I heard myself declare, “No more corn cakes for you [Cerberus]!,” then woke up. In the liminal space between dreaming and waking I envisioned my lop and said, “I will name you Corn Cakes” to remember you and protect you. I jotted down the dream and drew images of it.
*Introducing Cerberus: Cerberus allows the souls of the dead to enter the underworld, but guards the exit not allowing them to leave. In the myth of Psyche and Eros,To exit the underworld, Psyche must distract Cerberus with a corn cake (honey cake, or barley cake); if Psyche had eaten the corn cake herself, Cerberus would rip her to shreds and confine her to the underworld. There is a price to pay for passage over Thresholds.
Two weeks later, I followed the symbol of the lop-eared bunny in a sculpting class with Roxanne Swentzell, a beloved artist from the Santa Clara Pueblo in northern New Mexico. Mother Earth offers herself to us in every form, including clay. With each pinch and chunk of clay she provides us, we become creators, fashioning an image from a dream moving through us. Sculpting begins with a vague image, but then we work quietly, continuing to follow the image wherever it leads us. While our hands roll, smooth, and shape the clay, the unlimited, infinite unconscious is ever-searching and informing the limited conscious mind of something it needs to know.
In the photograph of the sculpture, you can see me nestling Corn Cakes, the tender, afraid, vulnerable part of me, feeling her nervous heart beating a message to my heart. You might notice one of my feet is human, and the other is a bunny foot. After sculpting the mop of hair and one human ear, I had an impulse to add a long lop ear to my head. So, I threw the clay to make it thin and attached it to my head; it gracefully fell over my arm, and the aesthetic pleased me. This gesture and symbol made the sculpture come alive. To hear my inner-lop-Child I needed a lop ear, with this touch Listening to my inner-Child became a visceral promise.
Although I initially tried to resist the call to make a door in my belly, I knew the piece would never feel complete if I did not take a tool and carve an entry into my belly. You can see the door drying on the paper. After firing the piece, I’ll attach the door with leather hinges. Within my belly cave will hang a Golden Ear. I can open the door anytime to Listen more deeply; to meditate on listening and feeling—without censoring—the “Call from the Great Below.”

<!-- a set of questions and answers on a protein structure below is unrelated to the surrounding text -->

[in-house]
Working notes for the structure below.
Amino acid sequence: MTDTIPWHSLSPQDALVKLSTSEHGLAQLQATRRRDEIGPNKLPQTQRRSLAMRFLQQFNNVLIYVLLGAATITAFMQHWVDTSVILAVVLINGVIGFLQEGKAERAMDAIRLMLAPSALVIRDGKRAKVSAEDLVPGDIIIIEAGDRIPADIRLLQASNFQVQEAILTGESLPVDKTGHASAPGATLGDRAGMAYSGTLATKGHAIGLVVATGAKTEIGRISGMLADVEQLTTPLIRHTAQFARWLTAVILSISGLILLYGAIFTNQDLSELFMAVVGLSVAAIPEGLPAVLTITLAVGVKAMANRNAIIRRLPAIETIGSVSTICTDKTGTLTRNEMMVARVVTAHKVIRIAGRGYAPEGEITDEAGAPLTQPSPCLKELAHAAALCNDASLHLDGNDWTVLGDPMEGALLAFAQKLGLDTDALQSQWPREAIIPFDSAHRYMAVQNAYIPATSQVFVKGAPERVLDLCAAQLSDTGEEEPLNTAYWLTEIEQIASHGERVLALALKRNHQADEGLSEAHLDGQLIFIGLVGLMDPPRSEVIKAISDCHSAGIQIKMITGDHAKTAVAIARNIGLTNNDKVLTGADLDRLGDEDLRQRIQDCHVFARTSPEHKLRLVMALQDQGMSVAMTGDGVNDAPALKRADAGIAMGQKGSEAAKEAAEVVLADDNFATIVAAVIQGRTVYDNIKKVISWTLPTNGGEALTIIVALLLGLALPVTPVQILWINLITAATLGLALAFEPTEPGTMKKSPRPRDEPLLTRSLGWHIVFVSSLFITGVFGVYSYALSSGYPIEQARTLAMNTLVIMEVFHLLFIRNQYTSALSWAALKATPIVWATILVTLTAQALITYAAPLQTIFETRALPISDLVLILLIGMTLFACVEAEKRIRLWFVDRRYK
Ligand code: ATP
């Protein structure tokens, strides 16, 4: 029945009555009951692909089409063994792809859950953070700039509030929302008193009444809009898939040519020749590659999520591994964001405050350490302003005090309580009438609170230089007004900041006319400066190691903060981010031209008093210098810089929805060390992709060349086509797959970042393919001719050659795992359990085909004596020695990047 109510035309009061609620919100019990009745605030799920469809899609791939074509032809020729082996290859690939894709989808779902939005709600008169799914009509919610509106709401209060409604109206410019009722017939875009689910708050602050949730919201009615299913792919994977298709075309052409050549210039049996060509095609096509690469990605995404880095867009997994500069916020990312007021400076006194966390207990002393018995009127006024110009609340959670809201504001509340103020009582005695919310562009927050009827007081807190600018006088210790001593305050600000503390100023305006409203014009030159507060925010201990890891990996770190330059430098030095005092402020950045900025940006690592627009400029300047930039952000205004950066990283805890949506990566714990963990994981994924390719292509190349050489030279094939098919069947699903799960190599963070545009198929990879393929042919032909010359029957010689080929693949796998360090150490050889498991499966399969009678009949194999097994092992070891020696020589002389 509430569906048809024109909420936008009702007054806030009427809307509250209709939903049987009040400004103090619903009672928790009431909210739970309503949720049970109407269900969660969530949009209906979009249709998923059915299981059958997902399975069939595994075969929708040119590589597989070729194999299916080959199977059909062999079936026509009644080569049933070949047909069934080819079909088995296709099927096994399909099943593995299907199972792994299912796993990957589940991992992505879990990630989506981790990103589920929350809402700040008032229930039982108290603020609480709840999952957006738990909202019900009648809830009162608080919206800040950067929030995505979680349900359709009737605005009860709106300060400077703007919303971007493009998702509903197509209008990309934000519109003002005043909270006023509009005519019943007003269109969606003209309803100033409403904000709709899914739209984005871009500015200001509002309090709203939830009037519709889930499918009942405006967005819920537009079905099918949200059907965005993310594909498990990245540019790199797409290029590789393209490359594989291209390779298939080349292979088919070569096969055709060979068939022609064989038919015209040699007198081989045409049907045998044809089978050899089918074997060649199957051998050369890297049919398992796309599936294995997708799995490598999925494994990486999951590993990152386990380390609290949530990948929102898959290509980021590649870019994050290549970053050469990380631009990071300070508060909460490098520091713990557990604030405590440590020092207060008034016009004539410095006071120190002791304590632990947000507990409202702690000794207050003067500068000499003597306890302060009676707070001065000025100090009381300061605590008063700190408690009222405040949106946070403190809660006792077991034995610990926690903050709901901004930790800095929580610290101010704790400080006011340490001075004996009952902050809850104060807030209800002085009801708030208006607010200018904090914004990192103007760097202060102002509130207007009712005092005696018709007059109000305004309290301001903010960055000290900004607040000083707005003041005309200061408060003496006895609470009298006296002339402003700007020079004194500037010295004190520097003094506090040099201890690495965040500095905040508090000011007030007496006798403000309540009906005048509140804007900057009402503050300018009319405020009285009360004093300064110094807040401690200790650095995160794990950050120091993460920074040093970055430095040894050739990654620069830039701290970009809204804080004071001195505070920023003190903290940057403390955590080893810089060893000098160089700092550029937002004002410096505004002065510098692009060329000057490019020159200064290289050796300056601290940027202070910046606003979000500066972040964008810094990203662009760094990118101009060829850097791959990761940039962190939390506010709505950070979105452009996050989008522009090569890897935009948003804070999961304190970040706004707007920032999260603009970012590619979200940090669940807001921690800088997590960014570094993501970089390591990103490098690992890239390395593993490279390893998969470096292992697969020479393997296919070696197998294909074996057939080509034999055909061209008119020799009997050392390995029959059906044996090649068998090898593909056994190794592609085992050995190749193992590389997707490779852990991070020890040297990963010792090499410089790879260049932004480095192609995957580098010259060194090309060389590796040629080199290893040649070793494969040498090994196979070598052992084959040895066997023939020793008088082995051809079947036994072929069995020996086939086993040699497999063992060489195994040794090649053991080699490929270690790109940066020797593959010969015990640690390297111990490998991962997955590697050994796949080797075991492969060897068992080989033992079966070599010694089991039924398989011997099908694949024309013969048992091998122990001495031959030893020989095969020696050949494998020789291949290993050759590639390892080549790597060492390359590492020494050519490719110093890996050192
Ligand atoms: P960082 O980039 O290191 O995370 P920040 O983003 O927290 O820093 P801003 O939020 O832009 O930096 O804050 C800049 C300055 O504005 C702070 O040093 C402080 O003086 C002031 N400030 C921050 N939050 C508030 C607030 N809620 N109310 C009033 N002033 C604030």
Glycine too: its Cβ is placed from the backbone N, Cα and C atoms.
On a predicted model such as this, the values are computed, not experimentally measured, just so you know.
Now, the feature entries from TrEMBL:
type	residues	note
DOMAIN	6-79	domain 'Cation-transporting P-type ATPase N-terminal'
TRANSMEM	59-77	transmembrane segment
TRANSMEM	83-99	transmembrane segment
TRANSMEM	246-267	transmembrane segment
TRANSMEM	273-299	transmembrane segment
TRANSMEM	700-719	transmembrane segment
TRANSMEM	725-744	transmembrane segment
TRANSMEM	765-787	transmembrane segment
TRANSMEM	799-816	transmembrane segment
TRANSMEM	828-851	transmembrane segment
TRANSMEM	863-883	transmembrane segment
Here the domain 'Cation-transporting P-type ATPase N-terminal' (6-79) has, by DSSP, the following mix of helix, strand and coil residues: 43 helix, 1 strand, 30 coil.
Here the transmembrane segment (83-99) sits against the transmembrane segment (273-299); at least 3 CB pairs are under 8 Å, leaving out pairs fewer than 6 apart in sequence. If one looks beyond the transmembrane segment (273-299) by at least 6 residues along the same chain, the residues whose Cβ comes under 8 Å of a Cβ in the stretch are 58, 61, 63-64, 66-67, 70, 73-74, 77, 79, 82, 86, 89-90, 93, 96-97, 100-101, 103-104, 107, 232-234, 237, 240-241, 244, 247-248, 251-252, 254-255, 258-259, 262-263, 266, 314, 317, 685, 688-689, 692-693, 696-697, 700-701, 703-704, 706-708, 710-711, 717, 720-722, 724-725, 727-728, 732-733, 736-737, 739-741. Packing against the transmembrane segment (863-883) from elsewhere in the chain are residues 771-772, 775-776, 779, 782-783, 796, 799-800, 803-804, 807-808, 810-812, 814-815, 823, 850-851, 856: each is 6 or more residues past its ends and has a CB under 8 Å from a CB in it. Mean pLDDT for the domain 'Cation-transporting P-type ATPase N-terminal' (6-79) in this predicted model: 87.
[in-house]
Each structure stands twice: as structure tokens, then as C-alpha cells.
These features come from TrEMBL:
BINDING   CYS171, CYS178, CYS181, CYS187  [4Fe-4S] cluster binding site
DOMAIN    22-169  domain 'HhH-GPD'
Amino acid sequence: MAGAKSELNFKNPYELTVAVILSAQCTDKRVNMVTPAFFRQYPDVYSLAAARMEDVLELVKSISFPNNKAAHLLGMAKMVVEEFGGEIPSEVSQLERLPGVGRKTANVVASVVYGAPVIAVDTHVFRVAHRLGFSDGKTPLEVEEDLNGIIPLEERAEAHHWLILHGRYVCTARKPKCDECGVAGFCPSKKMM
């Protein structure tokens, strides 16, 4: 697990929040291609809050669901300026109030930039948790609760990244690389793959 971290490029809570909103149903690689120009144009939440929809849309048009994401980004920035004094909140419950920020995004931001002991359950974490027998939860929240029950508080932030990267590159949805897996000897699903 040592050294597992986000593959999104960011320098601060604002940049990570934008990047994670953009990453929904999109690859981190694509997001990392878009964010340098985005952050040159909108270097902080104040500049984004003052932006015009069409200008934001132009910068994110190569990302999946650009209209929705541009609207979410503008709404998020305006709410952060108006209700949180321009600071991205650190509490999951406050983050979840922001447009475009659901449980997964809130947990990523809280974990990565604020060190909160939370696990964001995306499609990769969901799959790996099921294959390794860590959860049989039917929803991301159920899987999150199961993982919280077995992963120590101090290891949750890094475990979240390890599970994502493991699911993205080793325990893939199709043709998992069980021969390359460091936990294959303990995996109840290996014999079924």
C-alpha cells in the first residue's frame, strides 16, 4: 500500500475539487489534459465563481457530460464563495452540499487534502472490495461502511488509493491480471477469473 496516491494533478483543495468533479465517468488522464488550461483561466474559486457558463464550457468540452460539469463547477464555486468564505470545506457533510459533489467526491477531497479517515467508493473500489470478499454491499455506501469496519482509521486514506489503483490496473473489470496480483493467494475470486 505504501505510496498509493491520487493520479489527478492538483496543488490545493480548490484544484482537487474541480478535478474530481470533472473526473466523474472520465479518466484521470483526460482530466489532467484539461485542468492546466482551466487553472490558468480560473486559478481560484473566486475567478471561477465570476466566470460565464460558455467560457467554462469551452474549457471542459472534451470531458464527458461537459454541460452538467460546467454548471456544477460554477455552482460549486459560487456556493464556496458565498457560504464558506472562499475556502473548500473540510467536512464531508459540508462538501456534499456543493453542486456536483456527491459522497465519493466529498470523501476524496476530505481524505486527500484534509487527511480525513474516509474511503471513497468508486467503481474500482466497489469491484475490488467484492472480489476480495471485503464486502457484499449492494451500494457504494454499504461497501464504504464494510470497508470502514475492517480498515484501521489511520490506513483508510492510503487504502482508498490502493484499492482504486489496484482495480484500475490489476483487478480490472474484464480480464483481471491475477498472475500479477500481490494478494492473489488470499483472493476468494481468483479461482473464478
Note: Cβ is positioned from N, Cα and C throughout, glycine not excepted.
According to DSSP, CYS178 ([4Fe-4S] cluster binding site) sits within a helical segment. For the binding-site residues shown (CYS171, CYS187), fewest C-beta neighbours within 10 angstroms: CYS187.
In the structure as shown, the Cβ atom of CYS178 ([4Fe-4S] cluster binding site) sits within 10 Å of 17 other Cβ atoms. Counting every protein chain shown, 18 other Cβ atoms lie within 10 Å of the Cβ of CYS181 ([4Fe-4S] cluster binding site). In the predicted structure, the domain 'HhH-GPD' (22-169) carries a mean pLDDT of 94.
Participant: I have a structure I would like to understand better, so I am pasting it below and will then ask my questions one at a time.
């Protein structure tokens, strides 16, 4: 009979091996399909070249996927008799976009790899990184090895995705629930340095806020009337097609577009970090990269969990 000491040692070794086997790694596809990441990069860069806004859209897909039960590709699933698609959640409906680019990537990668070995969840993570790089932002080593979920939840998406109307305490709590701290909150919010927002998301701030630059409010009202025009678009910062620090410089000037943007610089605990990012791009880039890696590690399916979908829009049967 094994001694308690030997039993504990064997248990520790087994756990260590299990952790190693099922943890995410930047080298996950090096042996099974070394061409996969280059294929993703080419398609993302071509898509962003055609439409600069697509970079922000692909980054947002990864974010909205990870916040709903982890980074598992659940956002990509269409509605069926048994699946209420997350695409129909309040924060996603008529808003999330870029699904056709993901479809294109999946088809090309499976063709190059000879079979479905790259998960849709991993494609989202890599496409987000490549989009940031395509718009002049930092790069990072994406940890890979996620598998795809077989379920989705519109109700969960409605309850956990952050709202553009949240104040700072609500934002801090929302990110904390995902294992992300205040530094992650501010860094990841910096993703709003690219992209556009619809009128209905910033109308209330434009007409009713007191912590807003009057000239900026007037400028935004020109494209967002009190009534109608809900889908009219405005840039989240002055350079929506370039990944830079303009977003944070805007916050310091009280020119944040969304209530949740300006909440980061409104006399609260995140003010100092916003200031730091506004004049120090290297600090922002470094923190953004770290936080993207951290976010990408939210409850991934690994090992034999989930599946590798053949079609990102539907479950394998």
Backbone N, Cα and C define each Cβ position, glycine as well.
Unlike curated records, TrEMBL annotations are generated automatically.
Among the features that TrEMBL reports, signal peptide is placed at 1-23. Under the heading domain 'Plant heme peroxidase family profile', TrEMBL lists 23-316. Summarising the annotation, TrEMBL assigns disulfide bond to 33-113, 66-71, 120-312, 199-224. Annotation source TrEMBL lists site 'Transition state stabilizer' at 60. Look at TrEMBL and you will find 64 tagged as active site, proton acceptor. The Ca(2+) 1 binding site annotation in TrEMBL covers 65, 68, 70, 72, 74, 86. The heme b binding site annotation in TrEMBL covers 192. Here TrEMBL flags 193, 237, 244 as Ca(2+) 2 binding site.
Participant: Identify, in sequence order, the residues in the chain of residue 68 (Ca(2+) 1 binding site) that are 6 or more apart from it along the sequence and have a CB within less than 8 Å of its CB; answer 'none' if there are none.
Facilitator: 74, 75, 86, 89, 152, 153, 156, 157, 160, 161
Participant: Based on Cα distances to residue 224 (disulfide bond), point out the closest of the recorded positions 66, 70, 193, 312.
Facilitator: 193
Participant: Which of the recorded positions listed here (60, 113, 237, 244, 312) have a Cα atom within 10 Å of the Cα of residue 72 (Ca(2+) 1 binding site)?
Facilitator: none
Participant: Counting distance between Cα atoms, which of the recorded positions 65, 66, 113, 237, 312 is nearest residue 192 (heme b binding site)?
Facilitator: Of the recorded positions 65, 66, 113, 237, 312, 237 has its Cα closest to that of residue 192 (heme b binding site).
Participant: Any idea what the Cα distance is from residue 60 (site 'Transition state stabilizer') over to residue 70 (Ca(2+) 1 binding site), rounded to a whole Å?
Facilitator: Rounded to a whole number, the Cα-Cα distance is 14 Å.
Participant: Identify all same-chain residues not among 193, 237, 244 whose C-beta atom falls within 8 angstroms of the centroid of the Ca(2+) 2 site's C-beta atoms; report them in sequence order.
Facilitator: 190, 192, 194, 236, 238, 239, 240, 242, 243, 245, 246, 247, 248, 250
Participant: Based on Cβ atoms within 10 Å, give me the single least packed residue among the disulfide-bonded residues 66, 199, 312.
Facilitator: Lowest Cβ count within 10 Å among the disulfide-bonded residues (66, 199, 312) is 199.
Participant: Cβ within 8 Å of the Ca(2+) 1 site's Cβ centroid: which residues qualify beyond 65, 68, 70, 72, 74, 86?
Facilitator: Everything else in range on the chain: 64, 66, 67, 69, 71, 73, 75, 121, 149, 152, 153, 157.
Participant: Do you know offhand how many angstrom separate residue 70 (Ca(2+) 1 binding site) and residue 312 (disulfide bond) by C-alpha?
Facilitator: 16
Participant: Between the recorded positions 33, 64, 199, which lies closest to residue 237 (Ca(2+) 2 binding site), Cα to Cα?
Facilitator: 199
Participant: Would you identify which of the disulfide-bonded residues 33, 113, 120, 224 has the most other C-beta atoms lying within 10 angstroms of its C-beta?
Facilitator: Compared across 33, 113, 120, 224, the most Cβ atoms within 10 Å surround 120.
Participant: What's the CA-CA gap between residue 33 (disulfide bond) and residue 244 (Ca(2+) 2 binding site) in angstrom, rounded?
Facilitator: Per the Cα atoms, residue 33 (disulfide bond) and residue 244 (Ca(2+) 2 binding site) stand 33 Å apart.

In this photo, the clay is still wet. After Corn Cakes dries and is fired, I will put a finish on this piece. Then I’ll place her where I can see her every day which will allow me to continue following this healing image until the anxious need to belong becomes less important than showing up for myself. When I hang the door and ear, I’ll send you another photo.
Tuning into and dialoging with images and feelings is a powerful tool of transformation. If you are called to experience it, to follow your image to a new truth, come to a Hidden Healings Retreat. This creative process is not something easily done on zoom calls. I often requires time and the right space to unwind, to work and reflect. The power of work is enriched by working along side other seekers. When we completed our sculptures, each told the story of the wounding and the healing. One by one, we fell into love, into deep respect. Although no two images or stories were the same, we touched into the Oneness place, the One Heart.
Happy Valentine’s Day